To the right is a picture comparing the footprints of the new IC bridges with the discrete component bridges from SGRC2. The board with the new bridges also has a 5V power regulator setup to power the controller - this regulator is not involved directly in bridge operation. As you can see, there is still plenty of room left on the breadboard for the 14-pin controller IC. I am also leaving room for the accelerometer in case I decide to re-include it at some point in the future. The compactness of the L6202's make up for the fact that they cost me about $5 a piece (plus S&H, of course). I will most likely use the SMD version for the final soldered circuit.
Sharp 30cm IR range finder mounted on a hobby aircraft servo. The sensor is bolted to an L-shaped piece of stiff plastic which has been screwed down into the horn of the servo. The sensor has a nominal range of 30 cm, but there is a roll-off region when objects are closer than 8 cm or so. This greatly distorts impressions from analog readings of the sensor, so I have set the controller to use the sensor's output in an on/off fashion, which cuts the deadband region to less than 1 cm. Although using the sensor this way losses granularity, it makes the signal very 'trustable.' The limited overall range of the sensor doesn't make this loss of granularity very painful at all.
The servo has a range of slightly greater than 180 degrees, but I will be limiting it to one of seven (7) positions. The binary addresses shown above each position hint at how the neural network will be choosing where to look.
[UPDATE] After long trials in the simulator, I have decided to limit the servo positions to only three: -45, Center, and +45.
Currently, the best simulation I have been able to create (and still imagine fitting in the PIC's limited memory space) involves a back-prop neural network (NN) with 5 inputs, 6 hidden nodes, and 3 outputs. As the networks have become more involved, and thus taken longer to train, I have created a few different 'levels' for the car to work through. Level One is what I call the 'NASCAR Problem'. This is basically an oval track, where all the turns are in the same direction. Surprisingly, to me at least, the more complex the NN routine, the longer this takes to figure out. Once an NN routine is able to solve this board by continuously circling the 'track', it graduates to Level Two, shown to the right. I feel that this board exposes the simulated car to far worse than the Anchor space could provide, so once I can simulate a car that can solve this 'problem,' I will code it for the PIC controller and bring it to the Space for testing. The goal is for the car to run from one end of the track to the other without hitting any walls. No simulation has successfully done this yet, but maybe there will be a Level Three with multiple paths. I hope to use the network weights from a successful simulation as the starting point for the real thing. Since reality and the simulation will differ, the car will certainly have more to learn, but as a starting point, why not? Current designs takes a long time to 'cool down,' in simulated time. Real time would take many battery charges to reach the same level of 'settled.'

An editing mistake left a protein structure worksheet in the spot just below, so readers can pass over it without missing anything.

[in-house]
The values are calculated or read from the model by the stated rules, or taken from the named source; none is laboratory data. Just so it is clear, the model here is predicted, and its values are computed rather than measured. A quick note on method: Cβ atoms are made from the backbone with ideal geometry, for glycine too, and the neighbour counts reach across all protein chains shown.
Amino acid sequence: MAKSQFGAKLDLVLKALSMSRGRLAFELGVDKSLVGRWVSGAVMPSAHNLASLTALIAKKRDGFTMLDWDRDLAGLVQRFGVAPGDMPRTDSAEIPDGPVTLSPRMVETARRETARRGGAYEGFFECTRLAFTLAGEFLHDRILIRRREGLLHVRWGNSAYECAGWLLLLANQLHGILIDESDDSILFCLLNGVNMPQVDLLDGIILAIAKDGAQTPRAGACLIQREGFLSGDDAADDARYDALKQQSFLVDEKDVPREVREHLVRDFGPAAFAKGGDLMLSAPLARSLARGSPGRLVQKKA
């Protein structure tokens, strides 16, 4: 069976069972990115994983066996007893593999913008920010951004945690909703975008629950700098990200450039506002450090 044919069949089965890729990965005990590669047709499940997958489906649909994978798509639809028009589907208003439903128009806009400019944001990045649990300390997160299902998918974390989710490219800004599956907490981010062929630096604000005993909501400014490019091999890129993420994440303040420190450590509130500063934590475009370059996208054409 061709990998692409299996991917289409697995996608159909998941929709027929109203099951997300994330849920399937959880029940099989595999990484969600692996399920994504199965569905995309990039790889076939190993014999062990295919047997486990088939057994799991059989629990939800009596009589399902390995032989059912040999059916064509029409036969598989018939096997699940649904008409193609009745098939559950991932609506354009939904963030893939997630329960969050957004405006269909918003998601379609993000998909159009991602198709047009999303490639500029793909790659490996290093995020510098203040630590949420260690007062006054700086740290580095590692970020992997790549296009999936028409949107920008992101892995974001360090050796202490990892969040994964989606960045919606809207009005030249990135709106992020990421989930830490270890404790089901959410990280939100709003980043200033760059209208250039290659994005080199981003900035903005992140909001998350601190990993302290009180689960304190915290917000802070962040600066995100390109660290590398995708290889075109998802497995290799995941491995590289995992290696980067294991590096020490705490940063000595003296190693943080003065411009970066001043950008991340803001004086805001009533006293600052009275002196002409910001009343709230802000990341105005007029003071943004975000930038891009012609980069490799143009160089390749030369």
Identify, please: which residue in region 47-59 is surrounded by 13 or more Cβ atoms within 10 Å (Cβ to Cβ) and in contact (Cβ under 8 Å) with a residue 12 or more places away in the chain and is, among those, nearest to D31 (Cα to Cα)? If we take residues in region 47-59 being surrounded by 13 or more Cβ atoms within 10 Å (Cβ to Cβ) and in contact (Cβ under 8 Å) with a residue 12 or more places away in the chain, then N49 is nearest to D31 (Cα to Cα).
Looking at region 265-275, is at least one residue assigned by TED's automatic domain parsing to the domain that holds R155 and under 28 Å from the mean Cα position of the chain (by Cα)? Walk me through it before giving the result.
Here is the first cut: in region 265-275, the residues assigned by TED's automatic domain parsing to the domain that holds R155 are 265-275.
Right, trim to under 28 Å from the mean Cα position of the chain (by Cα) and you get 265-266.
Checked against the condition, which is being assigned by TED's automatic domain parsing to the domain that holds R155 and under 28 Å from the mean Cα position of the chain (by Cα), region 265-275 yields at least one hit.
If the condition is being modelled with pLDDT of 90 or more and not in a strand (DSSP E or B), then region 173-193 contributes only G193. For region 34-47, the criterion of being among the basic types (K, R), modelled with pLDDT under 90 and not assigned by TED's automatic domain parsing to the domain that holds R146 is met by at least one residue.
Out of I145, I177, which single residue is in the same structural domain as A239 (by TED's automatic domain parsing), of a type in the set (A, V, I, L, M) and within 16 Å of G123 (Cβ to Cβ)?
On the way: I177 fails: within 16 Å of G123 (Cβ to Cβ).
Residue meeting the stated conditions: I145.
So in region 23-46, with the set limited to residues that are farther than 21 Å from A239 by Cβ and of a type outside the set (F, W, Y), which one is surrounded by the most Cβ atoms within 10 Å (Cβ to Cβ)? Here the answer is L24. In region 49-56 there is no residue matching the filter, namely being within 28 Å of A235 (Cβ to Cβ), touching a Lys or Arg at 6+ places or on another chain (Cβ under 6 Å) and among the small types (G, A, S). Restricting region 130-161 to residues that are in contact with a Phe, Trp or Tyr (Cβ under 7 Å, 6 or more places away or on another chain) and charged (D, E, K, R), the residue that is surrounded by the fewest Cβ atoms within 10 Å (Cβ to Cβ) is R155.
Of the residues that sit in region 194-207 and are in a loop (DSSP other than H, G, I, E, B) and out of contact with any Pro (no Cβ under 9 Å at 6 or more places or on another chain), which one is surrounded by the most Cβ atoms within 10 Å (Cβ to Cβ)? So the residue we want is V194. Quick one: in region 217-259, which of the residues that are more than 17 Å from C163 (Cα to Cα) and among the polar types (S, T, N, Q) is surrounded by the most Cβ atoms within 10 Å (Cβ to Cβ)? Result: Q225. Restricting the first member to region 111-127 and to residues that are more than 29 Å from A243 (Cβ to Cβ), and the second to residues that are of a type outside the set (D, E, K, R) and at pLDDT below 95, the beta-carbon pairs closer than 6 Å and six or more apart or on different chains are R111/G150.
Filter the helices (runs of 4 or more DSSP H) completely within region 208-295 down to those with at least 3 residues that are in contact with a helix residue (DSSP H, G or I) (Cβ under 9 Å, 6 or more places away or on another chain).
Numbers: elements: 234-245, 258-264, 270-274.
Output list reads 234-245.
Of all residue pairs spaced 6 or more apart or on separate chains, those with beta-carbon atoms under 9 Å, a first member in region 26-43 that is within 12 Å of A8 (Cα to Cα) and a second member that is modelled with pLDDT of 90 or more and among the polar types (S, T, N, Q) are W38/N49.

Current Status - Active
- Basic system control software complete